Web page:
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Measles is trying for a comeback: How you can help stop it

Health and Wellness, Body, Epidemic

Elizabeth Maslow, MD, has one message for parents considering not vaccinating their children against measles:

“There is no downside to vaccinating your children,” says Dr. Maslow, an infectious disease specialist with Adventist Health Glendale. “You’re helping your children and only doing good by getting them vaccinated.”

This year has seen measles outbreaks in 22 states. Since January, 704 cases have been confirmed in the U.S. That’s quite a lot—especially when you consider that measles was eliminated from this country in 2000.

The U.S. was able to rid itself of measles thanks to a strong effort to vaccinate every child possible. But that success is in danger of unraveling due to an anti-vaccination movement based not on science, but on a lie, Dr. Maslow says.

The facts about measles

“Measles is a virus transmitted from one person to another by droplets,” Dr. Maslow says. “So if I sneeze, a particle flies into the air, where it can linger for two hours. I can sneeze in a cab, get out of the cab and someone who gets in the cab an hour later can catch my measles.”

Measles is so contagious that if one person in a room has the disease, 90 percent of the other people in the room will get it too. That is, if they are unvaccinated.

Measles starts out like a cold—fever, runny nose, red eyes and a cough. Several days later, a rash spreads all over the body.

Measles generally goes away over time. But it can cause complications, Dr. Maslow notes. These include ear infections, which can sometimes lead to permanent hearing loss, and a brain infection called encephalitis.

Measles also can damage your immune system, leaving you vulnerable to other infections.

Before measles was eliminated, about 400 to 500 people died from it each year. About 1,000 people would develop measles-related encephalitis. That’s why eliminating measles from the U.S. was such a big victory.

The lie behind the anti-vaccination movement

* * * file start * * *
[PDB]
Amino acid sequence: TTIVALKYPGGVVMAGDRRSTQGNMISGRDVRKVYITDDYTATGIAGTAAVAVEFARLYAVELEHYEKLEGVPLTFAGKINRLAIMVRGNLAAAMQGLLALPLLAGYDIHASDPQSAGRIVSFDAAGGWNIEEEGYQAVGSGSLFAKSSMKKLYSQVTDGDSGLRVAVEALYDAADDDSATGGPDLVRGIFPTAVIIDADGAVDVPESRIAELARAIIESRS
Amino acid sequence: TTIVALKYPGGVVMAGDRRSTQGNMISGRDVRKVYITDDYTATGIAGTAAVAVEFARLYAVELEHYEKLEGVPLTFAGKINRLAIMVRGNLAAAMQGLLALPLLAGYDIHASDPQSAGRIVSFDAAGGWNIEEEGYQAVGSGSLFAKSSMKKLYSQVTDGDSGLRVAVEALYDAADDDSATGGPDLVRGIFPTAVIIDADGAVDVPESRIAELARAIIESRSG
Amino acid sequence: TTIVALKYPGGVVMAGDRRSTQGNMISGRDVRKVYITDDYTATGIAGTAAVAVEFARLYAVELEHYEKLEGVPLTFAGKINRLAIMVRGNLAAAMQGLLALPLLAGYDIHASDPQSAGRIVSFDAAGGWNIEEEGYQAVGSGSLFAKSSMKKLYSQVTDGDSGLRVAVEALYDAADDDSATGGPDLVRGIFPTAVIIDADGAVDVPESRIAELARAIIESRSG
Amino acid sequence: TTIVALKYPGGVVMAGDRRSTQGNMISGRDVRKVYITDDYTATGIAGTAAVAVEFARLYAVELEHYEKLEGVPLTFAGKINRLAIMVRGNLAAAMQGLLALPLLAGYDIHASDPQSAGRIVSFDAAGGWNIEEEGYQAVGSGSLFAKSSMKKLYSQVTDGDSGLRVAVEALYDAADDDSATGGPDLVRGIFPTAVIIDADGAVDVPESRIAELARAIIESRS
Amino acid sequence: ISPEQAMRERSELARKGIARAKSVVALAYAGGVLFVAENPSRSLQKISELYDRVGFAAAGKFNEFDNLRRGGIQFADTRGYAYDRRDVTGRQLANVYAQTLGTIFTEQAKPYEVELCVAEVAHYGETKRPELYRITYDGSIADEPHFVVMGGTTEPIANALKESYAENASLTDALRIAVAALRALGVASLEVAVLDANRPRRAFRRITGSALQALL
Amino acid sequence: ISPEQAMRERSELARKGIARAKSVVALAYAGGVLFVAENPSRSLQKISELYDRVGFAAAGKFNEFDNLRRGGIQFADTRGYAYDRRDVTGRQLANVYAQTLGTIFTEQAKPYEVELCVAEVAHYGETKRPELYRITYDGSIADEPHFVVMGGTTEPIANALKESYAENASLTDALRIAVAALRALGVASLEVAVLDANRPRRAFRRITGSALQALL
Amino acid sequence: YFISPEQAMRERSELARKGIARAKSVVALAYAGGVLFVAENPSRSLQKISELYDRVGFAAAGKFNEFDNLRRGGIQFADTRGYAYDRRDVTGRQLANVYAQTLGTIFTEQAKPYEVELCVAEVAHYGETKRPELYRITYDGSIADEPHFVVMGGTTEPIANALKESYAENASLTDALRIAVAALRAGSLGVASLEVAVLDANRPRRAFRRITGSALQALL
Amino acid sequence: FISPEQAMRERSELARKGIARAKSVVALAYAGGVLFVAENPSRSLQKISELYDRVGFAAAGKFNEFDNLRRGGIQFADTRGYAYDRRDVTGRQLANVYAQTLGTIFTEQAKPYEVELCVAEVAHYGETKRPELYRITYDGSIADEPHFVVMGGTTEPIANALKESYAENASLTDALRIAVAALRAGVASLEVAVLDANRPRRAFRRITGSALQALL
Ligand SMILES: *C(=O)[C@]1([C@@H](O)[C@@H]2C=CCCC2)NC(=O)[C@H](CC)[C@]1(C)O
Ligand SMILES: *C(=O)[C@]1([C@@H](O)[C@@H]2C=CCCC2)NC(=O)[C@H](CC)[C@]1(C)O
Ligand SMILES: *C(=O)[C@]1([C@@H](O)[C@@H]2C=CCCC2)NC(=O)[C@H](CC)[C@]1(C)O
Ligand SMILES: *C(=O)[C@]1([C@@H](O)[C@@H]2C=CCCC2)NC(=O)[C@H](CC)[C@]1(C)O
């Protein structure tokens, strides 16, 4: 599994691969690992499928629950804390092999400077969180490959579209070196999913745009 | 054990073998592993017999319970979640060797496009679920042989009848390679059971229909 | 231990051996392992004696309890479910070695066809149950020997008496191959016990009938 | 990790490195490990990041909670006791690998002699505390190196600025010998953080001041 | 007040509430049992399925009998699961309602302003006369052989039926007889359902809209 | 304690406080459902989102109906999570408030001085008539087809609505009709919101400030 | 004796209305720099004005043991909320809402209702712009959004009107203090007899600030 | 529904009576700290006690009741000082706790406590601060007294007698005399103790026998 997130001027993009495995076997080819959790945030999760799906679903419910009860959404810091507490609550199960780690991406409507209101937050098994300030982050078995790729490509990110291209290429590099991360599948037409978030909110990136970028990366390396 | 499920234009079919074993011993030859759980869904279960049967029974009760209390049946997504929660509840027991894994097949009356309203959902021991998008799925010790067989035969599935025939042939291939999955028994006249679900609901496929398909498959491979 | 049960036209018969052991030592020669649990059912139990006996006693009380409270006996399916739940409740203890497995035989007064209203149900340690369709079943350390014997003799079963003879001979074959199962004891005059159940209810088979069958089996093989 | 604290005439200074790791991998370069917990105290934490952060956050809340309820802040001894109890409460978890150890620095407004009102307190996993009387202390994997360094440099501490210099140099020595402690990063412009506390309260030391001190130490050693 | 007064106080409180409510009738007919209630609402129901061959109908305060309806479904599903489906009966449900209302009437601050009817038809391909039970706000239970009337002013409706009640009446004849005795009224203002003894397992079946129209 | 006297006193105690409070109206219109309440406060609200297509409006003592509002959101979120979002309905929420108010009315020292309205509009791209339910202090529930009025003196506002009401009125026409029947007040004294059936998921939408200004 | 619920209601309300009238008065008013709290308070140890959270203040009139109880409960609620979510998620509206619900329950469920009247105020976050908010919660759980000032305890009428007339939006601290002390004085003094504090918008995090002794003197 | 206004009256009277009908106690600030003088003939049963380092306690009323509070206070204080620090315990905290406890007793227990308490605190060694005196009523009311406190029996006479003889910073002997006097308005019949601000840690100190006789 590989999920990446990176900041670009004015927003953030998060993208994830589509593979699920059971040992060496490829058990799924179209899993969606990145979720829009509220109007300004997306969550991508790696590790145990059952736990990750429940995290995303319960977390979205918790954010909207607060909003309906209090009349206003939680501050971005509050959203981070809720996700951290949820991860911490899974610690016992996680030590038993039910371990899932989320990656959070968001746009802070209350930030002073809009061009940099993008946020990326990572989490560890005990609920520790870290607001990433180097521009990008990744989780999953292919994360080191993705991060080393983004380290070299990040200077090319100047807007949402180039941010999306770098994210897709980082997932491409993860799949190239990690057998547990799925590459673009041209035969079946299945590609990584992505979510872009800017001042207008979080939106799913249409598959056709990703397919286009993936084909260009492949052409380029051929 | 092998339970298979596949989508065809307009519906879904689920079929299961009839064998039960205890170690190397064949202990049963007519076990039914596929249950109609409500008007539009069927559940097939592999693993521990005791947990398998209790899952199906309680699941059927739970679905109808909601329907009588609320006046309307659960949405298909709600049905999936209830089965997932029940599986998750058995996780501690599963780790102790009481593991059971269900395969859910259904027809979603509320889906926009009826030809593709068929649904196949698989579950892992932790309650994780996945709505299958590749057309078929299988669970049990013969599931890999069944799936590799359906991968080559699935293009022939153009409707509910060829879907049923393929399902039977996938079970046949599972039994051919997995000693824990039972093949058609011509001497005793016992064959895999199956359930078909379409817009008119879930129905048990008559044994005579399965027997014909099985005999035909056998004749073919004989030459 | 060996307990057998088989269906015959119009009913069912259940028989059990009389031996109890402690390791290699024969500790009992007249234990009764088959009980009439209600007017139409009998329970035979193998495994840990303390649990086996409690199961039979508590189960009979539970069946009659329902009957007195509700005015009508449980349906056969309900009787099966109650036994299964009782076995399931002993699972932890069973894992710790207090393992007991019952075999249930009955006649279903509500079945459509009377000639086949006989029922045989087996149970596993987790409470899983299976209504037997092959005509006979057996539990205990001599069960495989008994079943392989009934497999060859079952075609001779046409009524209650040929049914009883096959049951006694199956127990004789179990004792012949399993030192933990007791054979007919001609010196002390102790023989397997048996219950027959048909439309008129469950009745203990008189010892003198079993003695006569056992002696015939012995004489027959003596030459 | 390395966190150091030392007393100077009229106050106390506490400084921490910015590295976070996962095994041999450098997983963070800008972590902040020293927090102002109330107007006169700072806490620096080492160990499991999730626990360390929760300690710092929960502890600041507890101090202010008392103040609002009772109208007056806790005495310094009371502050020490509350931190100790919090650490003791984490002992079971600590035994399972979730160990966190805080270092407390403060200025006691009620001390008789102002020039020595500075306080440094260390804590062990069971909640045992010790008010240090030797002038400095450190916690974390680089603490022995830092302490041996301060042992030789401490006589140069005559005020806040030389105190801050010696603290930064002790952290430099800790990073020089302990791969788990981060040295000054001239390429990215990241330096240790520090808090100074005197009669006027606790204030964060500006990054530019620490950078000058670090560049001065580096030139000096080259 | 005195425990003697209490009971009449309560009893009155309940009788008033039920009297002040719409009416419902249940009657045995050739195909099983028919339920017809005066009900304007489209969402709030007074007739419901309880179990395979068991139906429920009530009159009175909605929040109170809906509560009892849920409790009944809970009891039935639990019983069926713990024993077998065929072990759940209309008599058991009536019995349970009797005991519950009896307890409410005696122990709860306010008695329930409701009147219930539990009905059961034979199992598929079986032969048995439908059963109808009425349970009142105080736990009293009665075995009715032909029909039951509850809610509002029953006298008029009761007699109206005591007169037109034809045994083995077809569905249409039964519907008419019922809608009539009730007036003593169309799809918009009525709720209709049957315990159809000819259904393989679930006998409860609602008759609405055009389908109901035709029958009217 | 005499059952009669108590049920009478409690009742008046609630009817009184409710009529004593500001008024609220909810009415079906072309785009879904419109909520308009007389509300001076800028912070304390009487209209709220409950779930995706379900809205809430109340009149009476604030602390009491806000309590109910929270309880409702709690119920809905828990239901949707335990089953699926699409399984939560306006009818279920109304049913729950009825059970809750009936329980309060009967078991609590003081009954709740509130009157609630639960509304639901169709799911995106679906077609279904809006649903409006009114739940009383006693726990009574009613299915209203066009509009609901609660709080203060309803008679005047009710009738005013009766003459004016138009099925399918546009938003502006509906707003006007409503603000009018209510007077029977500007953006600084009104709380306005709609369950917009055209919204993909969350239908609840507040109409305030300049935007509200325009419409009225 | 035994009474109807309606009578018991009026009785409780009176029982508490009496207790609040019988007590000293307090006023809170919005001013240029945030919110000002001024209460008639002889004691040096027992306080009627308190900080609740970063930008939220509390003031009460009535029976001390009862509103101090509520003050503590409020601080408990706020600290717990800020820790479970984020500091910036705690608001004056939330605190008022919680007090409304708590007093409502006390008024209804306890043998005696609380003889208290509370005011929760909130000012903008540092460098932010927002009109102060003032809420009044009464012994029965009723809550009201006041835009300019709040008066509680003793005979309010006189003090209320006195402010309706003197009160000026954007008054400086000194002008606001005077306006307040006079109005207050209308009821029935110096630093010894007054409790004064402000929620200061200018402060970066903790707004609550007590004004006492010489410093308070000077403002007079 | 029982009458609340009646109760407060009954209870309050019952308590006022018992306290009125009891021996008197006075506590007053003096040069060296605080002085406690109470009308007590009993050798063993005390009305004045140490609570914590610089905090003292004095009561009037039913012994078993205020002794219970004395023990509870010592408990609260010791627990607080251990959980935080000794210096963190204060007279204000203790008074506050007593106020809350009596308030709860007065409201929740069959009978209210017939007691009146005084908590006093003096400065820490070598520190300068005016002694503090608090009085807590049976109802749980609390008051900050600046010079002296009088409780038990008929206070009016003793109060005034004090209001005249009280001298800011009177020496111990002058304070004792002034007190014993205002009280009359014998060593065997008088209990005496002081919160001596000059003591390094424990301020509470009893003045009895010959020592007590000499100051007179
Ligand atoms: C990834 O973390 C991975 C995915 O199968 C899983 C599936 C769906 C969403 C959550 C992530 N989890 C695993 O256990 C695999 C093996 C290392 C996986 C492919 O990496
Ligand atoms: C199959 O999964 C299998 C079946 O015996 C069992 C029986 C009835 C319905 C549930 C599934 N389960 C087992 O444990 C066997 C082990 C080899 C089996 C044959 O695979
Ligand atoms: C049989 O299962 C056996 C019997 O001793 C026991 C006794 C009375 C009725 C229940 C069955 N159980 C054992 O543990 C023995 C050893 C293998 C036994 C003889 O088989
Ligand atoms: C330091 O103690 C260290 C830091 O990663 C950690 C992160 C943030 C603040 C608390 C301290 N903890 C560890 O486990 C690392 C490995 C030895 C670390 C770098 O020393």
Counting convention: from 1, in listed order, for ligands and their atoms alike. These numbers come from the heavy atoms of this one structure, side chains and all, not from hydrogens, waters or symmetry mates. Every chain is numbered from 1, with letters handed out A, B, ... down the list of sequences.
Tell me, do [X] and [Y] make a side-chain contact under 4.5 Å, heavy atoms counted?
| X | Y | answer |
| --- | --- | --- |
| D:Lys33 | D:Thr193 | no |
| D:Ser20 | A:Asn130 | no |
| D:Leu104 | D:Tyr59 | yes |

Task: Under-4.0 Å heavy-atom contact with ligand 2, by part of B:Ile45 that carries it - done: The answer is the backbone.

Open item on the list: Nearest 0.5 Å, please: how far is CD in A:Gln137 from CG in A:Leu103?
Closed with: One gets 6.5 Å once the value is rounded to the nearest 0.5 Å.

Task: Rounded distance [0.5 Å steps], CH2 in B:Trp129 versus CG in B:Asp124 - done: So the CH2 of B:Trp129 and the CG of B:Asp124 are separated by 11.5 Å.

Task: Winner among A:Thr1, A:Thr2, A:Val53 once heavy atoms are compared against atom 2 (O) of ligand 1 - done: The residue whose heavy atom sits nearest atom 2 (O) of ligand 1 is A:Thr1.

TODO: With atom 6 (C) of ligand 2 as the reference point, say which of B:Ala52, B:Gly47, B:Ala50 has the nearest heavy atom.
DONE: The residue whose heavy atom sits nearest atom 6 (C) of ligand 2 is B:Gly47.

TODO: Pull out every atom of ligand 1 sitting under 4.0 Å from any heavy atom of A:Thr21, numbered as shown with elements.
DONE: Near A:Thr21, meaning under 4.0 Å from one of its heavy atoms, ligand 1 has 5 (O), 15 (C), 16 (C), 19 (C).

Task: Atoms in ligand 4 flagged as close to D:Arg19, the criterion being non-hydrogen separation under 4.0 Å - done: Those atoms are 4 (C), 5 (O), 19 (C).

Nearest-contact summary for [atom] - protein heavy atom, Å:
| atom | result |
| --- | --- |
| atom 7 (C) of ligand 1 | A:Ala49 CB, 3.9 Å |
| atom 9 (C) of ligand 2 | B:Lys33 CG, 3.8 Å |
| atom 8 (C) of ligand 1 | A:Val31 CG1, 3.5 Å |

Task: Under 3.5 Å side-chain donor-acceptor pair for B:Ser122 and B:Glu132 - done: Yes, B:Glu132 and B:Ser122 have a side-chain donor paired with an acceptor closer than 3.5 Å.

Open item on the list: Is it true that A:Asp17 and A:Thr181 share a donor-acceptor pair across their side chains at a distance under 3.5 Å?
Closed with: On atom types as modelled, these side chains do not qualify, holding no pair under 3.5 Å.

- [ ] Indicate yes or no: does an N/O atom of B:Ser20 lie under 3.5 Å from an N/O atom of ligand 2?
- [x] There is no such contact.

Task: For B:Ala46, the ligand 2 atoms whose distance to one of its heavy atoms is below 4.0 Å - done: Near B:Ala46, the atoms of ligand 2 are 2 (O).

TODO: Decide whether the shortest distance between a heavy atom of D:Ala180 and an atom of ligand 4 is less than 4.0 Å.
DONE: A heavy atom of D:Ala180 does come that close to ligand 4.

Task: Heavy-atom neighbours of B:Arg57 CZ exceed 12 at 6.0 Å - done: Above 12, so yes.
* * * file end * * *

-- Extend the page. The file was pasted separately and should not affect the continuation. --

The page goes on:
British medical journal The Lancet published a study in 1998 that suggested that the measles-mumps-rubella (MMR) vaccine was linked to autism. The study only included 12 children, and it was summarily criticized for its poor science. It later was retracted. In addition, questions about the researcher’s ties to pharmaceutical interests led him to lose his license.

Still, parents desperate to find a cause for their child’s autism used the study as a rallying cry, Dr. Maslow says.

“But there’s not a single ounce of professional data that supports that retracted study,” she adds.

Measles still doesn’t occur naturally in this country; It’s brought in by infected travelers from abroad. But it wouldn’t be able to take a toehold if everyone was vaccinated.

“I want them to see that they’ve been misled by an article which has since been retracted,” she says. “There’s not a single chance of getting autism from a vaccine, let alone the MMR vaccine.”

If you think you’ve been exposed to measles, call your doctor as soon as you can—especially if you’re pregnant or have a compromised immune system. If you’re not sure you were vaccinated as a child, let your doctor know. A blood test can determine if you need to be vaccinated.

Vaccines save lives

Measles isn’t the only disease that needs vaccinating against. Take a look at these other common adult vaccines you should receive.